Melanoma Awareness, Skin Cancer

How do I know if it's melanoma?

The ABCDE & EFG rules of melanoma in this guide are a useful place to start.

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Team MoleMap Creator
Posted 05/08/20
What Melanoma Looks Like

The ABCDE & EFG rules are a handy guide when checking for signs of melanoma. Over the next 8 months, we'll cover each of these guidelines, starting with the letter 'A' for Asymmetry.

These guidelines are endorsed by many non-profit skin cancer authorities around the world, including Melanoma New Zealand. When checking your skin, or the skin of your loved ones, look out for the following:

A And Image

A is for Asymmetry

So what does ‘asymmetry’ mean, and what does it look like?

An asymmetric mole is one that’s irregular-shaped, uneven or lop-sided - where one half doesn’t match the other.

In general, normal moles are evenly-coloured in brown, tan or black, and either flat or raised on the skin. They’re usually fairly symmetrical too.

How Do I Know What Melanoma Looks Like

Image: normal moles are often oval-shaped, evenly coloured, and create either raised or flat surfaces on the skin

If you notice any mole on your skin that is irregular in shape, it would pay to get it checked - it could be an early warning sign of melanoma.

Mm Technology

Image: to an untrained eye, melanoma can look much like any other spot. At MoleMap, our Melanographers use special 'dermatoscopes' and other high resolution imaging equipment to look deep inside a mole’s structure. For medium-to-high risk patients, our skin-mapping technology is used to track changes over time.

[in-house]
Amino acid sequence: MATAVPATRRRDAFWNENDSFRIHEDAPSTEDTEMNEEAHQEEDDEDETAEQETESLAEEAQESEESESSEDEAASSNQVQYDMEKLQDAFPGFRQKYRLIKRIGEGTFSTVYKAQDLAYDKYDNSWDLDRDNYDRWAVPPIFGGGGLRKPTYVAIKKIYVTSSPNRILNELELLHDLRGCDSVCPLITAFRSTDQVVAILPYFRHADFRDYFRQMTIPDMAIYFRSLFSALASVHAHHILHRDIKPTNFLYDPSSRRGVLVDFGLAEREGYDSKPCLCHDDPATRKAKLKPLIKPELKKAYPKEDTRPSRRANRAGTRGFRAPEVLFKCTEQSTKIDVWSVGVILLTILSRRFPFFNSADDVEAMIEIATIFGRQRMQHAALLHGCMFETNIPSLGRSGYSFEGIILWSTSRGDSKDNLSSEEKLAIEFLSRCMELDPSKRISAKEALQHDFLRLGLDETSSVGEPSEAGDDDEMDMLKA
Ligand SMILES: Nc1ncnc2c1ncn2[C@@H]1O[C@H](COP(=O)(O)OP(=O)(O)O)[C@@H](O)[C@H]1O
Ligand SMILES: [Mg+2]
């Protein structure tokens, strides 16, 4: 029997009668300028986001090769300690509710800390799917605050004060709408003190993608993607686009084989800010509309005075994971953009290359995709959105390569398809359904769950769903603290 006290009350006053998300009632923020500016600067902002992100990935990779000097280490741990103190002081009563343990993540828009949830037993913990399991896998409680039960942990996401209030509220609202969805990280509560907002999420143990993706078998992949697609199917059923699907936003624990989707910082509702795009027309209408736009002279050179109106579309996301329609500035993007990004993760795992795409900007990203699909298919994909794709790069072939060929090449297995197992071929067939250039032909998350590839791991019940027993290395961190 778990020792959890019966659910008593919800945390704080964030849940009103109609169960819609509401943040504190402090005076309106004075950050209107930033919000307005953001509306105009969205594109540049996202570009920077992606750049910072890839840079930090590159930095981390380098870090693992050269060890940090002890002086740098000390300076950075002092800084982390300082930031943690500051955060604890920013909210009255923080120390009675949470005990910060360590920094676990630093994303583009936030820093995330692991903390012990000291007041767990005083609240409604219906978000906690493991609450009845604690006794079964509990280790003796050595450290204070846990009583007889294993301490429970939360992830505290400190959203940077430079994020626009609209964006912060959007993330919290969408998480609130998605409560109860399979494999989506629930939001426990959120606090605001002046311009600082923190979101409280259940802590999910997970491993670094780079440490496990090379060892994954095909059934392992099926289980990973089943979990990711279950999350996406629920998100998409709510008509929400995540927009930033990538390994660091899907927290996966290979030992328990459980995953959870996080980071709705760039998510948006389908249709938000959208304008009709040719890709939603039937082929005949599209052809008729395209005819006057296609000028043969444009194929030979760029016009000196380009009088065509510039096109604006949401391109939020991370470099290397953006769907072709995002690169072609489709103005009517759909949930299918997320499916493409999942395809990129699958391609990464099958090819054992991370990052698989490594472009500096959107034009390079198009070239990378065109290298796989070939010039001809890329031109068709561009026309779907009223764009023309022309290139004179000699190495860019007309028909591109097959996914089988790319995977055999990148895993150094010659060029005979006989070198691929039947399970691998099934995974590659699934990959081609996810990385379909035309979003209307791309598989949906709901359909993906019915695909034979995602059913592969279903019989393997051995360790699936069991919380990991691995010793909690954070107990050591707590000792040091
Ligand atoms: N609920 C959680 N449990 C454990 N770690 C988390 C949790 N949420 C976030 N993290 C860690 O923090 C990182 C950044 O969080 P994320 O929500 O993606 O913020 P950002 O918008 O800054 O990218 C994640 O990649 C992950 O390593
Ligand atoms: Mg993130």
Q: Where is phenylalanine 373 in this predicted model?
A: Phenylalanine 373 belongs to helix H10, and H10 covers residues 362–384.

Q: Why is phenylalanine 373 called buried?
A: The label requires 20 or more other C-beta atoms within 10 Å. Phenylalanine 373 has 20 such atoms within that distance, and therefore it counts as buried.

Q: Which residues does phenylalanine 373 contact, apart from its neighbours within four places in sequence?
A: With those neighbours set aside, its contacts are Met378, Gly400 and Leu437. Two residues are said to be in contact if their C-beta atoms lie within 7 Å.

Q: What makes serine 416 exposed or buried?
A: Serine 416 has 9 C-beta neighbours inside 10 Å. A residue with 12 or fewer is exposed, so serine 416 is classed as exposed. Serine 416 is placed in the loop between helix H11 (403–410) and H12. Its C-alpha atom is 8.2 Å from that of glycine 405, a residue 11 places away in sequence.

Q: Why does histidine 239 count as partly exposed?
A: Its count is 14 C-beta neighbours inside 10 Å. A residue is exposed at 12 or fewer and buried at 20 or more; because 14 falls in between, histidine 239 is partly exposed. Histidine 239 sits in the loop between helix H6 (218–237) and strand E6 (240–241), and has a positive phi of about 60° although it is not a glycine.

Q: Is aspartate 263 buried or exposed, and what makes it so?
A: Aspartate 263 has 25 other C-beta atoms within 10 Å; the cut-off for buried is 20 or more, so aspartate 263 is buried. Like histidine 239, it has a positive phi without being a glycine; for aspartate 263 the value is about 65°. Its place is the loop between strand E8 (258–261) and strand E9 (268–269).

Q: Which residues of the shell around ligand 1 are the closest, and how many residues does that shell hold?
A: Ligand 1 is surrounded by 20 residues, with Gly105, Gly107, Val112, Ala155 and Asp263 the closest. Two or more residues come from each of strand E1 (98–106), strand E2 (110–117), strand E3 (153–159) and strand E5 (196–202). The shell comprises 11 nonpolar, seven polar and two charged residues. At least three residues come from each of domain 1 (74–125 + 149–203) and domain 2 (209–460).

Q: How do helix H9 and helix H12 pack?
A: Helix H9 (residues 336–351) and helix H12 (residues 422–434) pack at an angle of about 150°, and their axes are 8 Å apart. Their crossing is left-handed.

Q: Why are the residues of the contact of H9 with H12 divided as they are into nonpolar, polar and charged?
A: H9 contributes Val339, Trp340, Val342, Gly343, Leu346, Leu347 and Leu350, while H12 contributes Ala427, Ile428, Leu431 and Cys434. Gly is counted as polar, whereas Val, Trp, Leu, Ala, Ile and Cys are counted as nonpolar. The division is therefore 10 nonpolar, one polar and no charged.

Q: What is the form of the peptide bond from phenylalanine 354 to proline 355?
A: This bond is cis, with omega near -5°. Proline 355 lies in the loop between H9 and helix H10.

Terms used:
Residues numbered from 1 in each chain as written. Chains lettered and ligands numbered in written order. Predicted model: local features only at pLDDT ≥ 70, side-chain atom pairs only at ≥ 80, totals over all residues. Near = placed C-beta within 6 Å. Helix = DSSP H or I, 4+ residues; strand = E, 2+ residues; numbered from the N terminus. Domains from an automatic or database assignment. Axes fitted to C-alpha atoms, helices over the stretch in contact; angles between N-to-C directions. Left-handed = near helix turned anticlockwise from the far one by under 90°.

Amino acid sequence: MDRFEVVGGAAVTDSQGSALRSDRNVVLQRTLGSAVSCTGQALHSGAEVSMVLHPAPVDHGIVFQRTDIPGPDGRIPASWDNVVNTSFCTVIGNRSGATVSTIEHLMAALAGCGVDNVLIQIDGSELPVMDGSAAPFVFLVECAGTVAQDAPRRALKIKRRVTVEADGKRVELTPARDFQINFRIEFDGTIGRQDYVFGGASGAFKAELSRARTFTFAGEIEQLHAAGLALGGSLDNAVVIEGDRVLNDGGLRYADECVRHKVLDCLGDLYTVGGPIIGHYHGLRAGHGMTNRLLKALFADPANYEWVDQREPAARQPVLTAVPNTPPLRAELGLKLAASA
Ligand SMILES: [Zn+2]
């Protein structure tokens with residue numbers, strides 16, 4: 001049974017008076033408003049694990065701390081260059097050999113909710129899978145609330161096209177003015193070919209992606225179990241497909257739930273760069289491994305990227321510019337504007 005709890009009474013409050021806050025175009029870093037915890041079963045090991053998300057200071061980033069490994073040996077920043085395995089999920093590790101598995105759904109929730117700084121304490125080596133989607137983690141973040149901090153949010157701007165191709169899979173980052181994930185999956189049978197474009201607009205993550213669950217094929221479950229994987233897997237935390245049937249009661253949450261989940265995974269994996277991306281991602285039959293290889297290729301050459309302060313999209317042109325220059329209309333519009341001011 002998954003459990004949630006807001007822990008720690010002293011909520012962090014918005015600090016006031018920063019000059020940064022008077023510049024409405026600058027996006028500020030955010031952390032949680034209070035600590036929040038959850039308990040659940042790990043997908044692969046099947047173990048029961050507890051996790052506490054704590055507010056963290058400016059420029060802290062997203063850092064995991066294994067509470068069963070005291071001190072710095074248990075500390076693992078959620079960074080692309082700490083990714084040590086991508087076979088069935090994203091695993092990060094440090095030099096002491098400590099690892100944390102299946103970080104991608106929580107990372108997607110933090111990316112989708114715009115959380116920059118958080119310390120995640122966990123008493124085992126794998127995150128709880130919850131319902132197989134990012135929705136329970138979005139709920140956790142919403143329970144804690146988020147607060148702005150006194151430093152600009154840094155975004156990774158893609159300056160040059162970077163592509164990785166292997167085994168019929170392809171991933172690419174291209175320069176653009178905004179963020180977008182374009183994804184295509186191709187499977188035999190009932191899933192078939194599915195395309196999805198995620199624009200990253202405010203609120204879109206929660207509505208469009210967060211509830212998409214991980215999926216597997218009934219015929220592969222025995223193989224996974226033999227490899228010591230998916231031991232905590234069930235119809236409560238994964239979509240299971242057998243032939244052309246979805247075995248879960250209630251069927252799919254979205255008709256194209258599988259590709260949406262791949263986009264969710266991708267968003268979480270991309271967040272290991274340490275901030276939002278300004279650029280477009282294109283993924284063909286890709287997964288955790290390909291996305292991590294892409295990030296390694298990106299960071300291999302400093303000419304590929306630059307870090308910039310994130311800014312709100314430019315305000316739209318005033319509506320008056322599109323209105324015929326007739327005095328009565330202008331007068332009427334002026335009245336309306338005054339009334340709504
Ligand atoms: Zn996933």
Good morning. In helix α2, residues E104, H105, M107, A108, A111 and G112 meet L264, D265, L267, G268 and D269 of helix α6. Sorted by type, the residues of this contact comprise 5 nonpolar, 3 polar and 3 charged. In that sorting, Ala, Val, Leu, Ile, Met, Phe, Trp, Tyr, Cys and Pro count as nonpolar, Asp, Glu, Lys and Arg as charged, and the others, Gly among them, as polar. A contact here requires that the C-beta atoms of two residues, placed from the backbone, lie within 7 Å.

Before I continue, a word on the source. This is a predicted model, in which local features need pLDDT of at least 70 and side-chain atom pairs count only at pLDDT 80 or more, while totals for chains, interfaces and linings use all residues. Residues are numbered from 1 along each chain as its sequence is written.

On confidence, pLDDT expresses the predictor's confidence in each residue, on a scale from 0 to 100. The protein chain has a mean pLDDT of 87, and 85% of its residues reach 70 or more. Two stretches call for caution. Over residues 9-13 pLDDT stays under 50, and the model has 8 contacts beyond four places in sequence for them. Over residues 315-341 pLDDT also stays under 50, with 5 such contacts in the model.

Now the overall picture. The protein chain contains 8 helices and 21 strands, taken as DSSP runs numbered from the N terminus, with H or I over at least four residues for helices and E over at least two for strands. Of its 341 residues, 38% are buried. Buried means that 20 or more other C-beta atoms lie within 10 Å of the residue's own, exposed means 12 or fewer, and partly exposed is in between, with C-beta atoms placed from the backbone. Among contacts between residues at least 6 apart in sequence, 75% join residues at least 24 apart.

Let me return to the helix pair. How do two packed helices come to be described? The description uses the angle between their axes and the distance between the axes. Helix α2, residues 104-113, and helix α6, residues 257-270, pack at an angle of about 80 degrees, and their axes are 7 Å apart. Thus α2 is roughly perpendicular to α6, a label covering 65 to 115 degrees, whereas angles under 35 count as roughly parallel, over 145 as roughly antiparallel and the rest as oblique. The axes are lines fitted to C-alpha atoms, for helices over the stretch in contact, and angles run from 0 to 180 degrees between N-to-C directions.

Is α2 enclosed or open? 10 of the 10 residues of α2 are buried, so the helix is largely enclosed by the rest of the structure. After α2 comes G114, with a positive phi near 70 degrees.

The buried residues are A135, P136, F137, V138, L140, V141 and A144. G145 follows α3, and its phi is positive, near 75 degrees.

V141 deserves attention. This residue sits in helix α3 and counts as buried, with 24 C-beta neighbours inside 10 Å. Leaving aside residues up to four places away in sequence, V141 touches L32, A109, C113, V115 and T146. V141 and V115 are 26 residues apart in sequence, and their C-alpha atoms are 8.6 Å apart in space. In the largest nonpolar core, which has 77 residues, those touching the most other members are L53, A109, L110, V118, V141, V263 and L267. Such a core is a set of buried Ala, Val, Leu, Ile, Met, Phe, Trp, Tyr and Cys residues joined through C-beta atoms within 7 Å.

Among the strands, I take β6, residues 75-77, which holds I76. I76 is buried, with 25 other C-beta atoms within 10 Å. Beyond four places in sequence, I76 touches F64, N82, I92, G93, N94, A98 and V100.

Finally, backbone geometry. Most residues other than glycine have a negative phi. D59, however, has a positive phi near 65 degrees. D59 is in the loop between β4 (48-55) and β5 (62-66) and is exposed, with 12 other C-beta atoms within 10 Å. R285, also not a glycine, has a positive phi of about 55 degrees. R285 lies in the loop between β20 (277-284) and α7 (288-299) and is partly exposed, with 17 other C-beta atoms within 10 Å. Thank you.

B And Image

B is for Borders

In normal moles, the borders or ‘edges’ of are fairly round and evenly formed. If you notice that the edges are becoming ragged, notched, scalloped, blurred or irregular - or if the pigment is starting to spread into the skin outside the mole - that’s not so normal. It could be an early warning sign of melanoma, so it’s a good idea to get it checked as soon as possible.

Borders Rule Melanoma

Image: these moles with unusual borders were diagnosed as melanoma

C is for Colour

Moles can be all sorts of different colours – that’s quite normal. Most commonly, they’re an evenly coloured spot on the skin, either flat or raised, round or oval. They can be flesh coloured, tan, brown or even black – and they can also darken over time or from exposure to the sun.

C And Image

Once a mole has developed, it will usually stay the same size, shape, and color for many years. However ... if a mole is changing in colour rapidly or suddenly, is uneven in colour and/or has multiple colours in it (including differing shades of brown, tan or black, or patches of pink, red, white or blue) it may be of concern and you should get it checked out straight away.

You should also watch out for: